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Zero Gravity Zzzs: Joys of Sleeping in Outer Space

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Zero Gravity Zzzs: Joys of Sleeping in Outer Space

Zero Gravity Zzzs: Joys of Sleeping in Outer Space

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  • <iframe src="" width="100%" height="290" frameborder="0" scrolling="no" title="NPR embedded audio player">
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When we learned last month that NASA astronauts wear diapers usually during flight, or flights of fancy, that got us wondering, what else do astronauts wear? Any other garments they're not telling us about?


Well, it turns out - says NPR science correspondent Robert Krulwich - that when you're in space, especially when you're asleep in space, there are a few accessories that prove astonishingly useful.

ROBERT KRULWICH: If you could choose between the most comfortable cozy bed on earth or sleeping in outer space with no gravity, which would you choose? And before you answer, let's cheat.

Unidentified Man: Oh, sleeping in space is fantastic. I mean, you just float, and it's perfect and it's wonderful. It's fabulous.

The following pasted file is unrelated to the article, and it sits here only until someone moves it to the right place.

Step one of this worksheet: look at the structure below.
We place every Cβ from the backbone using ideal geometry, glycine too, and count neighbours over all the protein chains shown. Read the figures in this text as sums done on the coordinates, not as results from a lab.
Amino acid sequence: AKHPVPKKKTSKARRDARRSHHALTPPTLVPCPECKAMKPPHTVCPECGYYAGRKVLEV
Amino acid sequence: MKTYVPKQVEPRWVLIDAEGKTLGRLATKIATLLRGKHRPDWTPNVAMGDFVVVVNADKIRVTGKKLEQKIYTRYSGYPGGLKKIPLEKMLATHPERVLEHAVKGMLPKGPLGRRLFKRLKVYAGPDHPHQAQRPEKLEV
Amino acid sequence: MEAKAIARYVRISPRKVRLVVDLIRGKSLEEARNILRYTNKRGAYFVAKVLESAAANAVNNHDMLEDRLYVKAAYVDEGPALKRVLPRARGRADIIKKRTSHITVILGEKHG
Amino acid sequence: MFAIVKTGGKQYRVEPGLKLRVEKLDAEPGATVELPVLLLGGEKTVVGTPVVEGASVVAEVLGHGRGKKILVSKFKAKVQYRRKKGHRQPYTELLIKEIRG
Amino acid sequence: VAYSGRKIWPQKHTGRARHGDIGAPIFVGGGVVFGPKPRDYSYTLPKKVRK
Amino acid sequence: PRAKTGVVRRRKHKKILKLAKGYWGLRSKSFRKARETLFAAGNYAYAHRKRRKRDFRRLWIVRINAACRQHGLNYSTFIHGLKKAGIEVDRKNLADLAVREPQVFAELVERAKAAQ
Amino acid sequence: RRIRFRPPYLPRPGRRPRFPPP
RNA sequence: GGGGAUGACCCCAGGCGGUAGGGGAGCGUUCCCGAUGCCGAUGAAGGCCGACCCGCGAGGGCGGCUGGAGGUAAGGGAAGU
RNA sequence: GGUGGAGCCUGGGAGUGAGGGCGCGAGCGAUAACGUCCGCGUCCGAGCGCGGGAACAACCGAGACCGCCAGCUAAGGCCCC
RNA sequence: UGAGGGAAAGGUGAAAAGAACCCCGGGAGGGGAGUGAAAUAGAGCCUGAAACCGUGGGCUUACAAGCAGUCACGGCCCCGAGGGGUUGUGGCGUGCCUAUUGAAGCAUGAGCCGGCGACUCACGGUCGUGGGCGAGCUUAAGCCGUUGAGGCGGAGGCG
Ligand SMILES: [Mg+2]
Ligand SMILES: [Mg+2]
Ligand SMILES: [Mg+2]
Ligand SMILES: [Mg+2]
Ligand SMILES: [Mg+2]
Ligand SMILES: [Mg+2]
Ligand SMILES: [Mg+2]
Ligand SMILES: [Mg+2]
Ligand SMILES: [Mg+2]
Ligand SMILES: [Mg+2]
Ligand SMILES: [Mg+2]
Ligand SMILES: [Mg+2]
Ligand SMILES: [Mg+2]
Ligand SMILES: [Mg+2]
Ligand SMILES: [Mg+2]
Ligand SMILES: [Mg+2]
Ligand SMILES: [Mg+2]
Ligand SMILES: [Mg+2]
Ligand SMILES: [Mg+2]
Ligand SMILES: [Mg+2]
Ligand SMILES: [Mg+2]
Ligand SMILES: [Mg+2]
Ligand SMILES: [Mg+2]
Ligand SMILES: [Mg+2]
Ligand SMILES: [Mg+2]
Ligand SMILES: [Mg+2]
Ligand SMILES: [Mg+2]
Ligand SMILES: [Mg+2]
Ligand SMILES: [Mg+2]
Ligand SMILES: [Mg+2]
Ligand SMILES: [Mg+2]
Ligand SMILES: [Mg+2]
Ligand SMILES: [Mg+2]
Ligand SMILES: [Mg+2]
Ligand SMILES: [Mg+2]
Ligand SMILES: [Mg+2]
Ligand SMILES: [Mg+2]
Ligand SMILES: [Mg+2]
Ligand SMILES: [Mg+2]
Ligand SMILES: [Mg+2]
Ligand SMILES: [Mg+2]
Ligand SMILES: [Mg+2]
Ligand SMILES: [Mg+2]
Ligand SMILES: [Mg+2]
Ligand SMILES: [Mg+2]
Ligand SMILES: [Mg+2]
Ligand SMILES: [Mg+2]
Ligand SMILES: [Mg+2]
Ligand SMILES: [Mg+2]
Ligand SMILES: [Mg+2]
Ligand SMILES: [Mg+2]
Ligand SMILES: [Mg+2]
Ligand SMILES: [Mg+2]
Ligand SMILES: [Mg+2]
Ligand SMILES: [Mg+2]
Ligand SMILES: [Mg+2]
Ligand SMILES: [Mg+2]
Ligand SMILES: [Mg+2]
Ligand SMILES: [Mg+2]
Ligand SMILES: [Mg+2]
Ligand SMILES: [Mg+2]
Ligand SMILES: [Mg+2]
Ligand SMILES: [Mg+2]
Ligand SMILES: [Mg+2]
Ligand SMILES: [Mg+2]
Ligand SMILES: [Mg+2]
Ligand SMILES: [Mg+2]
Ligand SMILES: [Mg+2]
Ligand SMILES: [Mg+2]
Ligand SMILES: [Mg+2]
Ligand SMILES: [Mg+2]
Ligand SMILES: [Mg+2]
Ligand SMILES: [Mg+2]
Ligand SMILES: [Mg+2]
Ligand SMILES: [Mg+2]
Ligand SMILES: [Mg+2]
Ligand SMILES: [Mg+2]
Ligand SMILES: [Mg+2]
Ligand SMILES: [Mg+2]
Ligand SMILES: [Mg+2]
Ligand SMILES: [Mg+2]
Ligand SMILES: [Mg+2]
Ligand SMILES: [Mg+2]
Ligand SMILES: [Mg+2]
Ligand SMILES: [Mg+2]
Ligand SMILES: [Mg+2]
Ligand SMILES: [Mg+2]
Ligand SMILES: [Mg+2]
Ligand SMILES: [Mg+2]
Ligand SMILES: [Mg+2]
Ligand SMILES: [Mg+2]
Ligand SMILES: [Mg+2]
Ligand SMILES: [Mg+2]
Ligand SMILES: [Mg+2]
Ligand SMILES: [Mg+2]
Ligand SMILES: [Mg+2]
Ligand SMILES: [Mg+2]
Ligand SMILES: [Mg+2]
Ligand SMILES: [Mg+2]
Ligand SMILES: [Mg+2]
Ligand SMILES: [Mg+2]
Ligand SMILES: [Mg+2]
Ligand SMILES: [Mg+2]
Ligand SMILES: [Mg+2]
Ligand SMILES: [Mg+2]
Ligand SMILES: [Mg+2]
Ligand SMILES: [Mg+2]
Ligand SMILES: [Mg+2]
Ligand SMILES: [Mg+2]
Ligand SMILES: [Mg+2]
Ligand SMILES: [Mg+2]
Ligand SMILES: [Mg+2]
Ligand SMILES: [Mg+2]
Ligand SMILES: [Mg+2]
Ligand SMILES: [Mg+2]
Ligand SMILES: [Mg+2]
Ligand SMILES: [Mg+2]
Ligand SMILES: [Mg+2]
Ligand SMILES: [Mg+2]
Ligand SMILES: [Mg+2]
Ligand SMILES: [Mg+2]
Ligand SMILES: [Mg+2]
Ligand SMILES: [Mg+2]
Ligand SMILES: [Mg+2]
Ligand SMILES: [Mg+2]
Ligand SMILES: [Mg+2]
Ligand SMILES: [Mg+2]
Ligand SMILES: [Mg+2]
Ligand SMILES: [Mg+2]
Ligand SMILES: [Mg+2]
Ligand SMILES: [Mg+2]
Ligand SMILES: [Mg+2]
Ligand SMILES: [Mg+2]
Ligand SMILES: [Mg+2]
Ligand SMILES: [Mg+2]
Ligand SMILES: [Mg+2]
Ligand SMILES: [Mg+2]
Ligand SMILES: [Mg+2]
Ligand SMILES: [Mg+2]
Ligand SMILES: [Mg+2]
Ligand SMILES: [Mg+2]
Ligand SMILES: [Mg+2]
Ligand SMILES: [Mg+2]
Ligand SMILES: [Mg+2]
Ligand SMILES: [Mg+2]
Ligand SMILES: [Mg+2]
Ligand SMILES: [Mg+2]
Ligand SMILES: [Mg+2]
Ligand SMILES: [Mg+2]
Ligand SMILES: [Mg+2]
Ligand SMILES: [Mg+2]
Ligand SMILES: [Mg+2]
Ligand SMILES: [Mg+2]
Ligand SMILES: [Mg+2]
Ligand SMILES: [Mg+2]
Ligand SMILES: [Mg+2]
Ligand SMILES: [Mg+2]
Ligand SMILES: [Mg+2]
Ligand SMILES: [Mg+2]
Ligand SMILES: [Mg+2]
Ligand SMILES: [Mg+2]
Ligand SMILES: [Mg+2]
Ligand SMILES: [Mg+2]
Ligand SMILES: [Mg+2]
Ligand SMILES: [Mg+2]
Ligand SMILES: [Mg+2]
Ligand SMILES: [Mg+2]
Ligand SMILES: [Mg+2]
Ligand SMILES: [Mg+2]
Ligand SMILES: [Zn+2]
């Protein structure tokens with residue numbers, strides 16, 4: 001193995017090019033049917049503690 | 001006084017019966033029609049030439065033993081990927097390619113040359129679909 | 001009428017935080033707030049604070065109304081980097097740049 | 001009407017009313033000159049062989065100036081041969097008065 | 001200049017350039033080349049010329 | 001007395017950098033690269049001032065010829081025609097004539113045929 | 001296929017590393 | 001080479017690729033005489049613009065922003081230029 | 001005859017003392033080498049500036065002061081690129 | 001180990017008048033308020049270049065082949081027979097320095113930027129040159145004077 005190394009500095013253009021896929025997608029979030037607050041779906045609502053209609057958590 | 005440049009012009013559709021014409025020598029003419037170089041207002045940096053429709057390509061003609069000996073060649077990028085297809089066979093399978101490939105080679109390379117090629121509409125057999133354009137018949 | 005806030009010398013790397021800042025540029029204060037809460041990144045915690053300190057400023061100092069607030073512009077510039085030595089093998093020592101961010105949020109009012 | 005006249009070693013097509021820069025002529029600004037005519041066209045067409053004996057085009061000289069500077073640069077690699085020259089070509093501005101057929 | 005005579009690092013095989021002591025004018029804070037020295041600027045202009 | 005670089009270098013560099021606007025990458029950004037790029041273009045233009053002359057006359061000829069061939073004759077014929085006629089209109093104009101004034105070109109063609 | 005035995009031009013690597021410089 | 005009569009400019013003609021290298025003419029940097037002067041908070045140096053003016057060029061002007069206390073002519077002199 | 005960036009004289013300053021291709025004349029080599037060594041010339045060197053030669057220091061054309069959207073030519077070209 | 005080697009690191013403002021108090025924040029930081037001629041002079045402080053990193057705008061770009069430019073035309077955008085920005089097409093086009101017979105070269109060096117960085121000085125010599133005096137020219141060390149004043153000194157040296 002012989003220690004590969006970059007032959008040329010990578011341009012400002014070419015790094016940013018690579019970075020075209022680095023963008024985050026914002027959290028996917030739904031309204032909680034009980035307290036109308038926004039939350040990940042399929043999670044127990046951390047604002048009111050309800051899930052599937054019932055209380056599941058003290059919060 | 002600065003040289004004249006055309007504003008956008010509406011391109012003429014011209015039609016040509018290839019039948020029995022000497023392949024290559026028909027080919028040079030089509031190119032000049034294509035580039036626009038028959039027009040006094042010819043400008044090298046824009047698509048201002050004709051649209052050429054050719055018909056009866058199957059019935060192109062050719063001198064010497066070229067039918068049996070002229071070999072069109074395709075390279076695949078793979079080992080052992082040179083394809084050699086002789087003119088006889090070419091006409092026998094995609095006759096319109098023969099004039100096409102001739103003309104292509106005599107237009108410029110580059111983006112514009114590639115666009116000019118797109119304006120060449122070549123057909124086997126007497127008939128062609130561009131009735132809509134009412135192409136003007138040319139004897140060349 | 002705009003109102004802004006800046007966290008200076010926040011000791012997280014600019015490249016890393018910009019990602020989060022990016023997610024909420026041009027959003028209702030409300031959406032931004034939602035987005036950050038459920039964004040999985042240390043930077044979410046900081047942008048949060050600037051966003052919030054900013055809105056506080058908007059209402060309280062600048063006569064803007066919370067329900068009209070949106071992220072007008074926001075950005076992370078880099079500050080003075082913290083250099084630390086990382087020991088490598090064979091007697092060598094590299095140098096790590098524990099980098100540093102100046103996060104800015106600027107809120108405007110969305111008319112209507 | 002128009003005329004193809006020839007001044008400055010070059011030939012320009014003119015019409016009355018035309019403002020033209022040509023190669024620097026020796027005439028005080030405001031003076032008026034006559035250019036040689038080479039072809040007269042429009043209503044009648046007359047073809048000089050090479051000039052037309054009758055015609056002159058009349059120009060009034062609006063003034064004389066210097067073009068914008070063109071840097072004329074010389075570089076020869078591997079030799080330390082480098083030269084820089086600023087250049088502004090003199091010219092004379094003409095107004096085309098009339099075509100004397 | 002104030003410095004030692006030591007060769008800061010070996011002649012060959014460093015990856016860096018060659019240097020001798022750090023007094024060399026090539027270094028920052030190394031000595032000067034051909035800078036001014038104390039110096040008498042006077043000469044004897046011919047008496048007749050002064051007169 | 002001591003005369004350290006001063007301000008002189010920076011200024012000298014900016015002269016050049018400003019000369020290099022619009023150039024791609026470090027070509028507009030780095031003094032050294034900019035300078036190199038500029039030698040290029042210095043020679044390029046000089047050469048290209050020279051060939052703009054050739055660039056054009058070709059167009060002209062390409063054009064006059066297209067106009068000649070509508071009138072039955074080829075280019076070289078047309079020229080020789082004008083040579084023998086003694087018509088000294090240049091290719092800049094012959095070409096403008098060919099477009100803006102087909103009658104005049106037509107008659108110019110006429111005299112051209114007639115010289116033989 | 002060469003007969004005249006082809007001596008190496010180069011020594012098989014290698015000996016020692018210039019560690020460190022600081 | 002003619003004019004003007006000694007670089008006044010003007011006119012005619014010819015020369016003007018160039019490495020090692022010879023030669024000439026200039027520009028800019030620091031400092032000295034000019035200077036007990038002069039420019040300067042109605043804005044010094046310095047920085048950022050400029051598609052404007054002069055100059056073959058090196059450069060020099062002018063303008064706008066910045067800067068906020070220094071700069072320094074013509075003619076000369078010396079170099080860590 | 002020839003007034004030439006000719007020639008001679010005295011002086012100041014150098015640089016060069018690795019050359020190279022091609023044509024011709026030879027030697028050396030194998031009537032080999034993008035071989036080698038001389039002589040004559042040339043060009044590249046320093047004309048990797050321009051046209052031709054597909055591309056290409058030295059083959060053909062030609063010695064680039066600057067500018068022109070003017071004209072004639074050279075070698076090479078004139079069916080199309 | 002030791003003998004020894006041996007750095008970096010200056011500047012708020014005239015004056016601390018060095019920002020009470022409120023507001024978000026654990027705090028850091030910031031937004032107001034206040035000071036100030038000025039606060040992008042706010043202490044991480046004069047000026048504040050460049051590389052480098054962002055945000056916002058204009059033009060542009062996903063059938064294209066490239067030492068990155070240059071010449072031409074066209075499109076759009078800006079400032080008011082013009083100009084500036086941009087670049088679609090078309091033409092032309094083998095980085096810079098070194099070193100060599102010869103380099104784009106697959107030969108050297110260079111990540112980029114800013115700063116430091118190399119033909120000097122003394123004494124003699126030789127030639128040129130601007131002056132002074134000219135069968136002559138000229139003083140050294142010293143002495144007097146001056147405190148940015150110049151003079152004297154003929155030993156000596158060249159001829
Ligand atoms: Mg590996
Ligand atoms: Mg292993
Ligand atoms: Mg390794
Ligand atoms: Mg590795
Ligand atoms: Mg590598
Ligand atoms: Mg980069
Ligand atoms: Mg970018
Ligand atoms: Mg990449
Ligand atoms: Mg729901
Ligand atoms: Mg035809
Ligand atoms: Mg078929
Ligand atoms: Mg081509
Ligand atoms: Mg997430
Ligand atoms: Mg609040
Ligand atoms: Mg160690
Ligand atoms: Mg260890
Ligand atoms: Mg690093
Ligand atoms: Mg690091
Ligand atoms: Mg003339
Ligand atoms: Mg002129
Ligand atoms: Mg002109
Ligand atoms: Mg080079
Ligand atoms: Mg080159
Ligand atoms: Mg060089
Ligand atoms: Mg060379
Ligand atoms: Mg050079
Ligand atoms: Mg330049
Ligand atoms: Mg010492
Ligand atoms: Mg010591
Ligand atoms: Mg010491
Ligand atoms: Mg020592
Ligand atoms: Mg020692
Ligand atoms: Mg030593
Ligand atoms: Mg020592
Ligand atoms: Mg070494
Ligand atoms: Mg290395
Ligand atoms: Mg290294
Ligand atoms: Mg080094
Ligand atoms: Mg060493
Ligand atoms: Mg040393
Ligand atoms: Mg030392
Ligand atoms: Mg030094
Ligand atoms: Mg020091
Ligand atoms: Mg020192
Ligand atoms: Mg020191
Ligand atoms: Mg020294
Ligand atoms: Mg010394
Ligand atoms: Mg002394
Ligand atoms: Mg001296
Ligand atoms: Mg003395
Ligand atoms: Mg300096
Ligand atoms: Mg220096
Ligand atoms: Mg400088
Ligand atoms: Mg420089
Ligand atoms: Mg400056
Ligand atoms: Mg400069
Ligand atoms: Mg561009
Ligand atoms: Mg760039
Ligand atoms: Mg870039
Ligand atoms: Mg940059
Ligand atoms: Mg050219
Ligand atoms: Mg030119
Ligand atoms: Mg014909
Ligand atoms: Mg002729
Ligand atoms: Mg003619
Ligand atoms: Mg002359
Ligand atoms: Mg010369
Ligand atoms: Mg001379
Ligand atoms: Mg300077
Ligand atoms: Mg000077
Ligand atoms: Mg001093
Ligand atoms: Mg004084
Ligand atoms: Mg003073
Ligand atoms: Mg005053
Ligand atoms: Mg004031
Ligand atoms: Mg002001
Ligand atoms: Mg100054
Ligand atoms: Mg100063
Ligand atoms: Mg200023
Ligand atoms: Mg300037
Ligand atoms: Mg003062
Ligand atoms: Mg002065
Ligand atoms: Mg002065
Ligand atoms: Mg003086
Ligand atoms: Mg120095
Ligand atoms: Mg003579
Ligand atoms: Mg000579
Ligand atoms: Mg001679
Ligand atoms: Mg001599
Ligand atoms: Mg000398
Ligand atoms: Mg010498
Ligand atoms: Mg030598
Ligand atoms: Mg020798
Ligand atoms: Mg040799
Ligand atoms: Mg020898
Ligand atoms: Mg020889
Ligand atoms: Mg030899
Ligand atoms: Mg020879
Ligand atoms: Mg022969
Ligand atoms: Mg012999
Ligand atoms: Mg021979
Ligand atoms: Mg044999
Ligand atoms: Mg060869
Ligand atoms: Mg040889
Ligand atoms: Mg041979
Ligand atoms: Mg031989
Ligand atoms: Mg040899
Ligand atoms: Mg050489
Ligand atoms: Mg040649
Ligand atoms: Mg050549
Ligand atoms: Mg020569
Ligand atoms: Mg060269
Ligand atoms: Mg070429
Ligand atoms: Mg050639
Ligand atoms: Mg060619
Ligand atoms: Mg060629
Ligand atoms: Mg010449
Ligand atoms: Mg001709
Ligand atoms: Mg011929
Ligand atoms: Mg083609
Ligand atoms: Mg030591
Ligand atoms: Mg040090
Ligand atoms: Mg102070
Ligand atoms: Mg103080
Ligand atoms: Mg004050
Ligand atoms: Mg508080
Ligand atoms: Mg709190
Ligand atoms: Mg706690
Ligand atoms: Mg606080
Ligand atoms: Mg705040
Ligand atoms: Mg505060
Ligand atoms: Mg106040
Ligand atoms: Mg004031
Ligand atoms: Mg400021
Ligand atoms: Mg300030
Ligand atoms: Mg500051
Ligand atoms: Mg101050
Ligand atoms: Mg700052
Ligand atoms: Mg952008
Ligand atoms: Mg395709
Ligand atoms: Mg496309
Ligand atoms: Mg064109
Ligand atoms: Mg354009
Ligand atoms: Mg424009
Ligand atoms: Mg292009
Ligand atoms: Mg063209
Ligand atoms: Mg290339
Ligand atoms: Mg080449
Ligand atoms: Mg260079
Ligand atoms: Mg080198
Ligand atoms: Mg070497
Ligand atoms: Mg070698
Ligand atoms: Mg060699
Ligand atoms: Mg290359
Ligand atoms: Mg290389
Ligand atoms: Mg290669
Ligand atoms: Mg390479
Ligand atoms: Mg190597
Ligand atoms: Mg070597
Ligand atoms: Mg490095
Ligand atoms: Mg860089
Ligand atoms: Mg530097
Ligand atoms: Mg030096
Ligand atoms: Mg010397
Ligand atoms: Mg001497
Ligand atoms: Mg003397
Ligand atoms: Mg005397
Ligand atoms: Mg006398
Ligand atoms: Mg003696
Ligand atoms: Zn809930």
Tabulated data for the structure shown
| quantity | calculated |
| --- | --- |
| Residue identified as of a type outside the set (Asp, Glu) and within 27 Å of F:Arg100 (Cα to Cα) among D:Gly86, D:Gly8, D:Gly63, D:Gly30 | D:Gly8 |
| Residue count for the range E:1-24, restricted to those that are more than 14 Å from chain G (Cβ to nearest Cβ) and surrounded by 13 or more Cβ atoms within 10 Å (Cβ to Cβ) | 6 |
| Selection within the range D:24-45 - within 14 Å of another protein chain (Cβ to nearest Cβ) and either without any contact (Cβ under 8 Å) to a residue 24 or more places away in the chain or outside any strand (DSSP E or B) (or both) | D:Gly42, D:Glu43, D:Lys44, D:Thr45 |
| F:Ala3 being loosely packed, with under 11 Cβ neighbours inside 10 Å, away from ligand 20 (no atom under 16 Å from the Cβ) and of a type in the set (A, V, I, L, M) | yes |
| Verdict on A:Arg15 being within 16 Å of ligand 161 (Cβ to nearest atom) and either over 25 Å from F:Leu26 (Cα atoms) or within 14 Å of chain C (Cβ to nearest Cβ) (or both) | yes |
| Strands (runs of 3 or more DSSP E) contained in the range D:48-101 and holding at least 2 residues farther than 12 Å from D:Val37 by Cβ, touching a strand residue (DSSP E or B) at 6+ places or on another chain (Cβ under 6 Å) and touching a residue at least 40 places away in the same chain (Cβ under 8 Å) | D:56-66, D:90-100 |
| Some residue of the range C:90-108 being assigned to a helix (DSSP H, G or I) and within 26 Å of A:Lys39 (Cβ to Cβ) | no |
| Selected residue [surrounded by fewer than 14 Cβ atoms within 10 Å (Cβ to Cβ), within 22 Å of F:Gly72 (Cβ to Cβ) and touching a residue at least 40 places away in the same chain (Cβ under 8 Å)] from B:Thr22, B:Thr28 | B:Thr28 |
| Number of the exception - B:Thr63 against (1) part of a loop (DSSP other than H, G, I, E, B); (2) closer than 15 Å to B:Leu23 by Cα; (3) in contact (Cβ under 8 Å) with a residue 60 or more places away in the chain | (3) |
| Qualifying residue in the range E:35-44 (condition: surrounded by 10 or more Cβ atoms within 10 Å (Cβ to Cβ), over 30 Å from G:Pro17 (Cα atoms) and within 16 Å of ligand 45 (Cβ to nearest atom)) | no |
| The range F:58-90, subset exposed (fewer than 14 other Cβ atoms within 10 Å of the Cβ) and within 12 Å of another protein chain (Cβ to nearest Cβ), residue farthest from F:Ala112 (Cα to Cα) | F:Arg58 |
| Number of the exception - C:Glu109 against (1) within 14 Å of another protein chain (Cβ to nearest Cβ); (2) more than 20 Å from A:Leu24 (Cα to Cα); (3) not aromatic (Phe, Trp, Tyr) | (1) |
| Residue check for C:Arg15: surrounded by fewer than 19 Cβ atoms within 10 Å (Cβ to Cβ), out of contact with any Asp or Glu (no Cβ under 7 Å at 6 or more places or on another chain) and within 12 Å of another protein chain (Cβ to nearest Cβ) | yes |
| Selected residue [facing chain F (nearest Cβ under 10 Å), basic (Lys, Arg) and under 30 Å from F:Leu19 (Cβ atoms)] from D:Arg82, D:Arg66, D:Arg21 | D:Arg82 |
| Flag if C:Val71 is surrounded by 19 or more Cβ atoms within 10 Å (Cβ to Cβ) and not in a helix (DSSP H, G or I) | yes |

(Soundbite of song, "Mr. Sandman")

THE CHORDETTES (Singing Group): (Singing) Mr. Sandman, bring me a dream.

KRULWICH: Retired astronaut Dan Berry has spent 30 nights on three different space missions. Retired astronaut Marcia Ivins, 42 nights on five different missions. And here's why they say that space sleeping beats earth sleeping.

(Soundbite of song, "Mr. Sandman")

THE CHORDETTES: (Singing) Mr. Sandman...

Unidentified Man: Yes?

THE CHORDETTES: ...bring us a dream.

KRULWICH: First, when you're in space, you can go to sleep absolutely anywhere - and I mean anywhere. If you ask where's my bed?

Ms. MARCIA IVINS (Former Astronaut): Well, it's wherever you want it to be is what it turns out to be.

Mr. DAN BERRY (Former Astronaut): Basically right. You choose a place where you're going to be, and it could be on the wall or the ceiling or wherever.

Ms. IVINS: Yeah, it's actually fun.

KRULWICH: Is it fun or weird?

Ms. IVINS: Yeah - no, it's great fun. It's great fun. I loved hanging in a weird position, being in a weird position.

KRULWICH: And then here's another plus. When you're in space, you never have to lie on your arm.